Take a week to experience your body as a guide. Rather than focusing on what it looks like and how clothing looks draped on it, feel with your body from the inside out. Notice what it is telling you about the world around you, the world within you. Be aware that each emotion you feel is coming through your body, through the language of sensation, tension, heat, energy. We only get to engage with the world through our bodies. There is no time to wait for your body to be different, life is going on now. Claim your body, claim your life.
The body’s life is the life of sensations and emotions. The body feels real hunger, real thirst, real joy in the sun or snow, real pleasure in the smell of roses or the look of a lilac bush, real anger, real sorrow, real tenderness, real warmth, real passion, real hate, real grief. All the emotions belong to the body and are only recognized by the mind – DH Lawrence
Stay tuned for information on a upcoming group for women - Your Body is a Sacred Playground
Have a relationship with yourself in which you explore sensation.
Summer time and the living is easy. The perfect time for this challenge. Go and get yourself a juicy piece of fruit, whatever you like. Mangos, nectarines, plums, watermelon – all good choices. Set aside a bit of private time, preferably outside in the sunshine. Get naked – this is key. Then eat that fruit in the messiest, stickiest, juice running everywhere way. Bite into it slowly, really taste the fruit. Lick the juice off of your arms and hands and….wherever. Enjoy yourself, no one is watching. Be succulent. Be a part of the summer harvest. Appreciate that you can enjoy this, today, at this moment.
Fifteen minutes later, what is the worst that can happen? You will be sticky and take a shower feeling kind of silly. But on the other hand, you could feel alive, sexy, and a part of a yummy ripe world. Take the chance.
“To like myself means to be, literally, shameless, to be wanton in the pleasures of being inside a body…the way I’d felt as a child, before the world had interfered.” – Sallie Tisdale
Oh how we use shame in our culture. So much so that even the word shameless may make some of you uncomfortable with its implications of immorality, humiliation, even chaos. It is a word that has been turned against us as an insult. But really, what a wonderful state it would be to really be shameless, even for a few moments.
Think about how often in a day you have doubted yourself, rejected your body’s desires or criticized your own appetites. Think about how many times you have stopped a luxurious stretch that your body craved before it even happened. Or how often you turned away from the impulse to kiss someone, touch the curls in their hair, or lean into the solidness of a another human body. Do you even notice the moments anymore when something tastes so good you want to moan or exclaim about it? Do you notice when you body wants to rock, beating out its own rhythm? Have you shut out messages from your body that tell you “you are hungry for something”, whether that is food, touch, sex, rest, movement or any of the other options out there that could feed you? Notice how many times in a day you say No to yourself.
Now I am not suggesting that we could be healthier or happier if we always say Yes to our every desire or urge. But we could be happier if we didn’t feel shame for having urges at all. Shame may not serve us as well as we have been led to believe. We can still make choices about how we respond, what actions we take, what our long term priorities are, without needing shame to motivate us. It is more empowering to say to our self, “I know I want that, but I am going to choose to not have it right now so that I can ______fill in the benefit___” Rather than saying, “I am horrible for even wanting that, I am going to pretend I never has that urge and tuck it away somewhere to remind me of how bad I am”. And as we become more at home with our shameless nature, we may find that many of those desires and urges can be fulfilled after all. There are a lot of small and large pleasures out there waiting for you, if you are shameless enough to let yourself have them. Aren’t you curious to find out what they are?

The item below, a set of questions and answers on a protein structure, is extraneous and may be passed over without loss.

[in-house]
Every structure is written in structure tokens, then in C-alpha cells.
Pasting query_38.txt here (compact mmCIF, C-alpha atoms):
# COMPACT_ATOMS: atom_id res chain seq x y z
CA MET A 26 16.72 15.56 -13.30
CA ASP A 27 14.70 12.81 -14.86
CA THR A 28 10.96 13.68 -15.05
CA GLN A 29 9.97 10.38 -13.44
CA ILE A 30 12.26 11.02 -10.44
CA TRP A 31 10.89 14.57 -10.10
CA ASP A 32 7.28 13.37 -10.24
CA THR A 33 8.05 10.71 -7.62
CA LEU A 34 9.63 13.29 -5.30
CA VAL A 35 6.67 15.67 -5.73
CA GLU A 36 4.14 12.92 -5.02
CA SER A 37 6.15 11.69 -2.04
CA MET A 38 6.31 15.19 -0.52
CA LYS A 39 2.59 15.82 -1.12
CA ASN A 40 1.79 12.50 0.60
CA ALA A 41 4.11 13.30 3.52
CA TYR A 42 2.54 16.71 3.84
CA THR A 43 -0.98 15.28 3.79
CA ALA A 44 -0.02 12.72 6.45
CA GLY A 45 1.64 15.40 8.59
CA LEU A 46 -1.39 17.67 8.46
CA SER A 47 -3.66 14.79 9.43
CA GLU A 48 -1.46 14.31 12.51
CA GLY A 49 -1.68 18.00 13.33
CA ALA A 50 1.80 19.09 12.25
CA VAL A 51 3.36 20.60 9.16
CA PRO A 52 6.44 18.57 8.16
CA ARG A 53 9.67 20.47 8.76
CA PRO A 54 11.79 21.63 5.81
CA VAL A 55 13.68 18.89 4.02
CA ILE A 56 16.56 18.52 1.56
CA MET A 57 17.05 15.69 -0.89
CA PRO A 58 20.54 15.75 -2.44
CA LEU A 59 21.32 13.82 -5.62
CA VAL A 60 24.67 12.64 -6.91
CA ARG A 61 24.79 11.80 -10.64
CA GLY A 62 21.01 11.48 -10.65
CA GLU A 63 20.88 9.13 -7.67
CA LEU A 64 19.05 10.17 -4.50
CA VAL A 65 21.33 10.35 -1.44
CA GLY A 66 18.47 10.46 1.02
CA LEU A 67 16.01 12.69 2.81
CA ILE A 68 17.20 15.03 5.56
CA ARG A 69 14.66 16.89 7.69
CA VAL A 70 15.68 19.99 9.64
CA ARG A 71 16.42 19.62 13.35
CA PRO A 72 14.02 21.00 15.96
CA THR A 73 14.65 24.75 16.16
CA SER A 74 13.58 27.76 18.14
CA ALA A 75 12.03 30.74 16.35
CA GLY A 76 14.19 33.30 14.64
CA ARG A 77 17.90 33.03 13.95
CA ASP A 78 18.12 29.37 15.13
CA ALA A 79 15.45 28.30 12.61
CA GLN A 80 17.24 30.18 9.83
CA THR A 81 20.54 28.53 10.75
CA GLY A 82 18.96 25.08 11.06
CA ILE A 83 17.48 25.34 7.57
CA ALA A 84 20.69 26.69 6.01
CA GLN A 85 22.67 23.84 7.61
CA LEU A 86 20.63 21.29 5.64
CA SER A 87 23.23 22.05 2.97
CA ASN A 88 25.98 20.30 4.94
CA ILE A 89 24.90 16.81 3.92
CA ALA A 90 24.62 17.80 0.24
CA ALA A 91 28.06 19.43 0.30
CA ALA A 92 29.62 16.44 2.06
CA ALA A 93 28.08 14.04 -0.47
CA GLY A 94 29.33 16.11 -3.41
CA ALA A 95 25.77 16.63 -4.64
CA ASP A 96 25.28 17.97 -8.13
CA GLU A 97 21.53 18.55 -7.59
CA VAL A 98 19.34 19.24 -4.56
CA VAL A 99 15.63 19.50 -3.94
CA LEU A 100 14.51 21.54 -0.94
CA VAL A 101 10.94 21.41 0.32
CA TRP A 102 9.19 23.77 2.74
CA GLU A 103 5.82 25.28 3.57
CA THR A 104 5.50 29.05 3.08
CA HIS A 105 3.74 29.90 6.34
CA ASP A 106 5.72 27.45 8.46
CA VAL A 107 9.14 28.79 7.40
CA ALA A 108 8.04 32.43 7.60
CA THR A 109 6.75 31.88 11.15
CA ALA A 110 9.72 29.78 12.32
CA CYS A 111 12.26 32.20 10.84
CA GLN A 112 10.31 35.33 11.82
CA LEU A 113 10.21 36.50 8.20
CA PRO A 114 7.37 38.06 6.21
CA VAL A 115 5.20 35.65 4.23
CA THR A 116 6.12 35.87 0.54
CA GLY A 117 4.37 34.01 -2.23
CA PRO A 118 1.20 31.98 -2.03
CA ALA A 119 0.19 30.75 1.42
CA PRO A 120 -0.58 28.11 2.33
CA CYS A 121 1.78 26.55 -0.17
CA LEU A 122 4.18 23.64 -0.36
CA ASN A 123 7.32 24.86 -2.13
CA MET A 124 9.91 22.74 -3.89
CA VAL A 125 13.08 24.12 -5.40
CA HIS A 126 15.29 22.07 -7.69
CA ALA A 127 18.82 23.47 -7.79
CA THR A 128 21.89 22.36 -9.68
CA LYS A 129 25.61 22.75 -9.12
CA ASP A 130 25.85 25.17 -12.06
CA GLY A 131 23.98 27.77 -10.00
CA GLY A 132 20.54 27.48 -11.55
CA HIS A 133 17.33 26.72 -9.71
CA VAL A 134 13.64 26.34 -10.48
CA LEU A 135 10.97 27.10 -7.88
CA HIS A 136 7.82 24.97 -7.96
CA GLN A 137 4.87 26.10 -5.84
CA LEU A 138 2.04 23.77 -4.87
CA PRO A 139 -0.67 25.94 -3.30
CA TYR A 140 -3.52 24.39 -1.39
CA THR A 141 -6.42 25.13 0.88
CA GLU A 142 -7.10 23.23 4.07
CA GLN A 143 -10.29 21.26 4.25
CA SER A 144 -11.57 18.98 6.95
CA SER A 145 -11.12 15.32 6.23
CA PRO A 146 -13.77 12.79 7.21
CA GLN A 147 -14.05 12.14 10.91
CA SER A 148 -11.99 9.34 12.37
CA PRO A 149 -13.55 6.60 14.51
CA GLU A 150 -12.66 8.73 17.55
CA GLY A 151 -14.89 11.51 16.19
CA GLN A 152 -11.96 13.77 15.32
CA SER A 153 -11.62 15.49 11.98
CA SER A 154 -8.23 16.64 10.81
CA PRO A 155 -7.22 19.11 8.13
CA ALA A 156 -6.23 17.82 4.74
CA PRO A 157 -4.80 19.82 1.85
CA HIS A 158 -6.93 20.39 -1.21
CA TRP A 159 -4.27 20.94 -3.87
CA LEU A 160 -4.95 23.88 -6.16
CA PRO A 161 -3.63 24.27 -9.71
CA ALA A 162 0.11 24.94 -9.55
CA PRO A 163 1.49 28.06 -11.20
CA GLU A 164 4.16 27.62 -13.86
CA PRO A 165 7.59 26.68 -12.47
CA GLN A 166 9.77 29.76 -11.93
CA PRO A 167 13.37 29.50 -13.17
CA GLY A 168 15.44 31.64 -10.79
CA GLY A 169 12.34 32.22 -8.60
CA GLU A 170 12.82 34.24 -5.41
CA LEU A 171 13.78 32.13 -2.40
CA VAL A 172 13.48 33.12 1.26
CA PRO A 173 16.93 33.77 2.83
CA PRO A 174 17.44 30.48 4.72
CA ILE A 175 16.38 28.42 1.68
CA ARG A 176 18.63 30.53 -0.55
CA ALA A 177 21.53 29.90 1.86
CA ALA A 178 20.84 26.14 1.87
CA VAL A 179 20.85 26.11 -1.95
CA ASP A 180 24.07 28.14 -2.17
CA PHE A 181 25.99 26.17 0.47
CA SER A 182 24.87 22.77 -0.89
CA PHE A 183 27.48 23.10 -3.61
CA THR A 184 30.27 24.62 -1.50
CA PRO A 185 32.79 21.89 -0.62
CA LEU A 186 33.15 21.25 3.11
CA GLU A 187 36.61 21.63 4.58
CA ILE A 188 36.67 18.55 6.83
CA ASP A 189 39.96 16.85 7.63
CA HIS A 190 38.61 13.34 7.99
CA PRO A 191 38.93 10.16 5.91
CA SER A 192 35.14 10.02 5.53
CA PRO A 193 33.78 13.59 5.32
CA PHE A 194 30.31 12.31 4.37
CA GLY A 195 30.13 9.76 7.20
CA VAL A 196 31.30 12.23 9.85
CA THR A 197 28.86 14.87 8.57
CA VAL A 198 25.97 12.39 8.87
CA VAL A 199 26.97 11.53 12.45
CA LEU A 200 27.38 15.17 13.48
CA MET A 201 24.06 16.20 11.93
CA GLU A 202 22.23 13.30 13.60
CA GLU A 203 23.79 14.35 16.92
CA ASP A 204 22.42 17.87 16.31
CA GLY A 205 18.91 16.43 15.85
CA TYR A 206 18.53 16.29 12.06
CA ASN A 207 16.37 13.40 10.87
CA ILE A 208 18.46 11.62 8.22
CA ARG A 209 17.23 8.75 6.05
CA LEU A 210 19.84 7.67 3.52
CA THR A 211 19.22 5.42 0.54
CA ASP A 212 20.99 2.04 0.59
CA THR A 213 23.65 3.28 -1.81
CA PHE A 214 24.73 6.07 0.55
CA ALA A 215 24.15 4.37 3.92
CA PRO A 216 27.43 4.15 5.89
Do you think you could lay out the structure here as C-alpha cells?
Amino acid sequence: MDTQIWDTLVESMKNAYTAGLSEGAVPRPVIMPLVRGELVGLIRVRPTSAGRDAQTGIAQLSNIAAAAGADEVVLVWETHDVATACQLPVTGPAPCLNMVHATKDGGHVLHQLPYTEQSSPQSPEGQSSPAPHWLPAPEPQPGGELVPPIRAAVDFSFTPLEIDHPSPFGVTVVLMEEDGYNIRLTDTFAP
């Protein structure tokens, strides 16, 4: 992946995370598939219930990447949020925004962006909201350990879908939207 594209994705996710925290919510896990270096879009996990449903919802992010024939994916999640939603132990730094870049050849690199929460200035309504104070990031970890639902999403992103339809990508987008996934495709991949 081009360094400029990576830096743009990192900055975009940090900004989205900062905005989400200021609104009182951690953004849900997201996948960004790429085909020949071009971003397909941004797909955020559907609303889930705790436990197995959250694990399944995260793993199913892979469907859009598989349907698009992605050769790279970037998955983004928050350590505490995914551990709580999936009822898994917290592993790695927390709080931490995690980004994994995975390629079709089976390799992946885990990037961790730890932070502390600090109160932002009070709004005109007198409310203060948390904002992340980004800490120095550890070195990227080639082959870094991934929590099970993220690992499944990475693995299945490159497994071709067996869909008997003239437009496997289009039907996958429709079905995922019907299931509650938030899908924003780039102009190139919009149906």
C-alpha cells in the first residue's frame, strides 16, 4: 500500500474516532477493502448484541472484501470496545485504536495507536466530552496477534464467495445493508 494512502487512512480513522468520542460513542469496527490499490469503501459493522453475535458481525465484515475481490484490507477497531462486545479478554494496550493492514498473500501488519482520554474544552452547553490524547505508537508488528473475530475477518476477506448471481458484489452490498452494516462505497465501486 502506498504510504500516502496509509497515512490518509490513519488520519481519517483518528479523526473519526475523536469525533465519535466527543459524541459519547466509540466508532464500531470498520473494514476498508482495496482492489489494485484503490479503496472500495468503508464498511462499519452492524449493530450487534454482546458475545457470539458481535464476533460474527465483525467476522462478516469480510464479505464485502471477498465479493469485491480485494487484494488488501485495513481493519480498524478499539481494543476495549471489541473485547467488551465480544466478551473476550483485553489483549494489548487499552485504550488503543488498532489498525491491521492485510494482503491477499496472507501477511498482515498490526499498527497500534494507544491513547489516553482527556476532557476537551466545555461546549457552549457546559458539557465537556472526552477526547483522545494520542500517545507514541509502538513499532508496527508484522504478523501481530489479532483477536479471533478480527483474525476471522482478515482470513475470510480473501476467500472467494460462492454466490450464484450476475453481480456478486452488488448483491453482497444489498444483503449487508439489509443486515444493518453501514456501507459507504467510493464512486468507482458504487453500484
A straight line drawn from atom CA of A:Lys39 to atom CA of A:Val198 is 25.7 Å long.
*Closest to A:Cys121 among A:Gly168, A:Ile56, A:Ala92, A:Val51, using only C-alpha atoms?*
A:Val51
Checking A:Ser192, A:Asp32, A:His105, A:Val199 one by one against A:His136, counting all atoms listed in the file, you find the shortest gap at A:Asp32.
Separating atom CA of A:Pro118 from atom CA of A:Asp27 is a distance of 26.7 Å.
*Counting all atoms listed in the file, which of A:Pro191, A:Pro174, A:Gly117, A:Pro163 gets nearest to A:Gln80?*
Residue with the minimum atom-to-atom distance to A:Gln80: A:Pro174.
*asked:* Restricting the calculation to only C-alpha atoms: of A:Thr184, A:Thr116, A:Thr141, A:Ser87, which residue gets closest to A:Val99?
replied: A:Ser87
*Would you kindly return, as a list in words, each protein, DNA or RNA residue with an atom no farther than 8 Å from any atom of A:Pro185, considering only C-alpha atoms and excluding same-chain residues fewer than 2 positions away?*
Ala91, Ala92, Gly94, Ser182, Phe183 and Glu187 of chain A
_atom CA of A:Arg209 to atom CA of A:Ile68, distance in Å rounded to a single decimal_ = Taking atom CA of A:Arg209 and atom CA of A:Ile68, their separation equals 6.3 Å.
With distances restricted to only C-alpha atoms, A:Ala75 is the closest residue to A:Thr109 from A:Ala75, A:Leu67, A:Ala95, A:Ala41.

Do you feel changed by another person’s sexual energy or by interactions with past partners? Sometimes I hear people use language about their sexual experiences like, “I gave it up” or “I feel dirty from having sex with him/her”. What would this mean to you? What are you giving the other person when you are sexual with them? What part of yourself are you sharing? Do you believe something changes in you or about you after being sexual with someone? What about when you are sexual with yourself, masturbating and/or fantasizing?
How can you find your own baseline or ground after being sexual with someone else? If people are attracted to you or have sexual thoughts about you, can you stand your ground and feel confident in your own ability to choose to engage or not? Or do you feel swayed by others sexual desire to a point where it is hard to keep track of yourself? If someone else wants you, do you feel obligated or infringed upon? On the other hand, do you feel that you are only desirable when you are being desired by someone else? Is your sexuality based on reacting or responding to your partners? Truly claiming your body and your sexuality can mean separating what is your energy and desire from what is someone else’s. It can be filling yourself with your own vibrant energy so that you can actively meet someone else’s energy without being overwhelmed by it. It is knowing what you want. Think of a time when your sexuality felt truly self motivated; what was that like for you?
I invite you to journal about these questions. There is no right or wrong answer to come to, but it is valuable to see clearly how you feel about these things. These are great topics to explore in therapy too. If you are a Northern Californian local, you can come see me in my private practice in Capitola, CA. If you are in another area, you can reach out to me for referrals.